For example, pork can figure in each meal, but only particular kinds of pork would be considered appropriate. Pork at breakfast may appear as bacon, or sausage, in small portions. Both of these products are made with the least valuable portion of the pig. At lunch, pork may appear in a sandwich in the form of processed meats, also made from the least valuable portion of the pig. For dinner, pork appears in large and more highly valued forms, such as roasts or hams, which require often elaborate preparation and which are presented to diners in a way that highlights their value and size.

The other main feature of Canadian food is diversity. The complex ethnic landscape of Canada and the tendency of ethnic groups to retain a dual cultural orientation have meant that Canadian cuisine is quite diverse in its content, with many ethnic dishes seen as somehow quintessentially Canadian as well. Whether pizza or chow mein, cabbage rolls or plum pudding, Canadian cuisine is best characterized as eclectic rather than consistent in content. There are a small number of food items that are considered distinctively Canadian, such as maple syrup, but overall the Canadian diet is drawn from a panoply of ethnic sources.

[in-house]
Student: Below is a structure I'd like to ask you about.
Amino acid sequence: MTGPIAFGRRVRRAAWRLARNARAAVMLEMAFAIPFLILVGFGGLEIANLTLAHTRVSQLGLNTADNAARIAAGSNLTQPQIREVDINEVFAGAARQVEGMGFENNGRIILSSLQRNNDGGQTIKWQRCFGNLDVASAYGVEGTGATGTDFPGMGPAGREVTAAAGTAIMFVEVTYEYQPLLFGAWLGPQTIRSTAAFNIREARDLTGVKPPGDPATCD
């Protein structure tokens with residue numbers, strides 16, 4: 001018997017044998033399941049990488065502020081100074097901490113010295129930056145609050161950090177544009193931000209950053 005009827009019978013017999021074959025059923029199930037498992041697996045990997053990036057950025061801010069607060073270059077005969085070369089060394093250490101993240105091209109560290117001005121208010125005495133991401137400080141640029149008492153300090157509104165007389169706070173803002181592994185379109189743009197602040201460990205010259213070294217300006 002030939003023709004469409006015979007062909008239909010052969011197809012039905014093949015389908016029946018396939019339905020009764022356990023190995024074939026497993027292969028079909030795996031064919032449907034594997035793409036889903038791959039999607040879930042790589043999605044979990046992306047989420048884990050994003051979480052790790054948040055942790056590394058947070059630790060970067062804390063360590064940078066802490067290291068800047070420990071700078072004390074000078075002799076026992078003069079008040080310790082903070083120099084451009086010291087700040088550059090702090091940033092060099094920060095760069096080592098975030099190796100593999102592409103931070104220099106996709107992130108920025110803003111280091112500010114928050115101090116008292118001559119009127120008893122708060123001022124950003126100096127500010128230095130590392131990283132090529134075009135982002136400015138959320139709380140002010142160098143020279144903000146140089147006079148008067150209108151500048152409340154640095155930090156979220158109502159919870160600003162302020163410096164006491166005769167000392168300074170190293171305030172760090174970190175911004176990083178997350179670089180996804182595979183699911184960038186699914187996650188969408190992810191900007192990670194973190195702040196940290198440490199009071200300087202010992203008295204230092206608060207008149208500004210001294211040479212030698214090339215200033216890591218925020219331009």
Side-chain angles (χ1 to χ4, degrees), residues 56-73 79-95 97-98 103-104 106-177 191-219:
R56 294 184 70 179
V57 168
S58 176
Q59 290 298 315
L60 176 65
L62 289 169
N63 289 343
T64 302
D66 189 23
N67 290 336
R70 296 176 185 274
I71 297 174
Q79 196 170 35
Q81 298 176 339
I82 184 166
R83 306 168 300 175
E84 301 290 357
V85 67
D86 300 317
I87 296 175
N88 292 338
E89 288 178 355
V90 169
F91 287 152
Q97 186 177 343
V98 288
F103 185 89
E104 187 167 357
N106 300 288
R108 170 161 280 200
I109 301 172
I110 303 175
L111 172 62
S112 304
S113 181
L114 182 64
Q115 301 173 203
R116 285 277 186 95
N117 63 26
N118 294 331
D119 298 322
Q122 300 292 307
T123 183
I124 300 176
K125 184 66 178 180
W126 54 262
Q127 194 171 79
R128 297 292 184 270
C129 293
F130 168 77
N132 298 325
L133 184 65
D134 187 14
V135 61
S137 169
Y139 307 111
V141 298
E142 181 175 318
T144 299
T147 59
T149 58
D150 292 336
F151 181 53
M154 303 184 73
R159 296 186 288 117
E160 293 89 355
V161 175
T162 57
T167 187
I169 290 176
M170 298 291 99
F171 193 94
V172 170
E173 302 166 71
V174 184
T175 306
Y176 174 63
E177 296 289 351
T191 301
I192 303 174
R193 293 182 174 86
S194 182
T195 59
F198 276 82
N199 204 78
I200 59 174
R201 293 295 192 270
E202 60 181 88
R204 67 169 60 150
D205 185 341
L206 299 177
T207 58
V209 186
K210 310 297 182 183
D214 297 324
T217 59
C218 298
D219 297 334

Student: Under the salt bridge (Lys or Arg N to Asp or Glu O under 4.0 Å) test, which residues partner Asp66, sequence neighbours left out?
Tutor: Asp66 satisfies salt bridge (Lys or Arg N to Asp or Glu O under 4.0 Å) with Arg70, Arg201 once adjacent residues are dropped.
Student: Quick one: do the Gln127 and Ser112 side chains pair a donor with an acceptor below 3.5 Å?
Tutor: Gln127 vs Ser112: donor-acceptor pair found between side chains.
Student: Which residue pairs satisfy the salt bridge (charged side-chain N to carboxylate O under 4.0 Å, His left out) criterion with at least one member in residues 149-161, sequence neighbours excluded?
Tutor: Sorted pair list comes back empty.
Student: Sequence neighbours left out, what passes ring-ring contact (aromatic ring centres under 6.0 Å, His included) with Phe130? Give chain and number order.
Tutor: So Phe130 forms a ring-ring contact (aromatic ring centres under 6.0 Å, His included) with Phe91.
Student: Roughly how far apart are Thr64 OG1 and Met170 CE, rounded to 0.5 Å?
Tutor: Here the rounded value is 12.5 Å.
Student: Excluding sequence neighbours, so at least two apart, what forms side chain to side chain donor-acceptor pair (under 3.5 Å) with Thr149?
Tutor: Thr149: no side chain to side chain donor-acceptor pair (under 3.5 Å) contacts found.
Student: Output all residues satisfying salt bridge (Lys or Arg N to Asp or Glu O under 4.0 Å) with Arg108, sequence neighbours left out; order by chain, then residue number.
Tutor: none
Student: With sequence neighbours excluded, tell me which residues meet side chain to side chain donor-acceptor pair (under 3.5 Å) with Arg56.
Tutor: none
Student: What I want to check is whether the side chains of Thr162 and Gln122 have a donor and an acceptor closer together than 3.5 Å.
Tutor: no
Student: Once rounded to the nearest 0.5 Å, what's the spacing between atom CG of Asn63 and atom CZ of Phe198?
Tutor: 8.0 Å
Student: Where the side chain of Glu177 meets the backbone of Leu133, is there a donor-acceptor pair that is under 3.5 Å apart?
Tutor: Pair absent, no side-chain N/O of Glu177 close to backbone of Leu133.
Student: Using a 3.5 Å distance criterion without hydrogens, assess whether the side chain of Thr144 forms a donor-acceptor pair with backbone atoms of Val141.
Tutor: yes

Food Customs at Ceremonial Occasions. Ceremonial food does not generally differ greatly in content from everyday foods. What distinguishes food in ceremonial settings, such as state dinners, is not the type of food but the amount of food served and the complexity of its presentation and consumption. Ceremonial dinners are often made up of a long list of dishes served in a rigid sequence, eaten with utensils specified for each portion, and presented in often elaborate arrangement either generally, on the table as a whole, or in the particular portions placed on each diners plate.

The same general consideration applies to meals for more private special occasions, such as those marking important religious holidays such as Christmas. The number of discrete dishes is usually quite large, the preparation of each is often specialized and involved, and portions consumed are more often than not greater than what one would consume under other circumstances. These more private special occasion meals often involve entire extended families sharing in both preparing and eating the meal. There is another special meal worth mentioning, the potluck. Potluck is derived from the word potlatch, a special occasion of many West Coast First Nations peoples. The potluck involves each guest preparing and bringing a dish to the event, to be shared by all the diners. The key component of this particular kind of meal is food sharing among friends as opposed to food making for family. In general, potluck meals are meals shared by friends or coworkers. They express the symbolic importance of the meal as a part of the moral geography of social relations among nonkin, but distinguish this meal as an act of food sharing rather than an act of food preparation.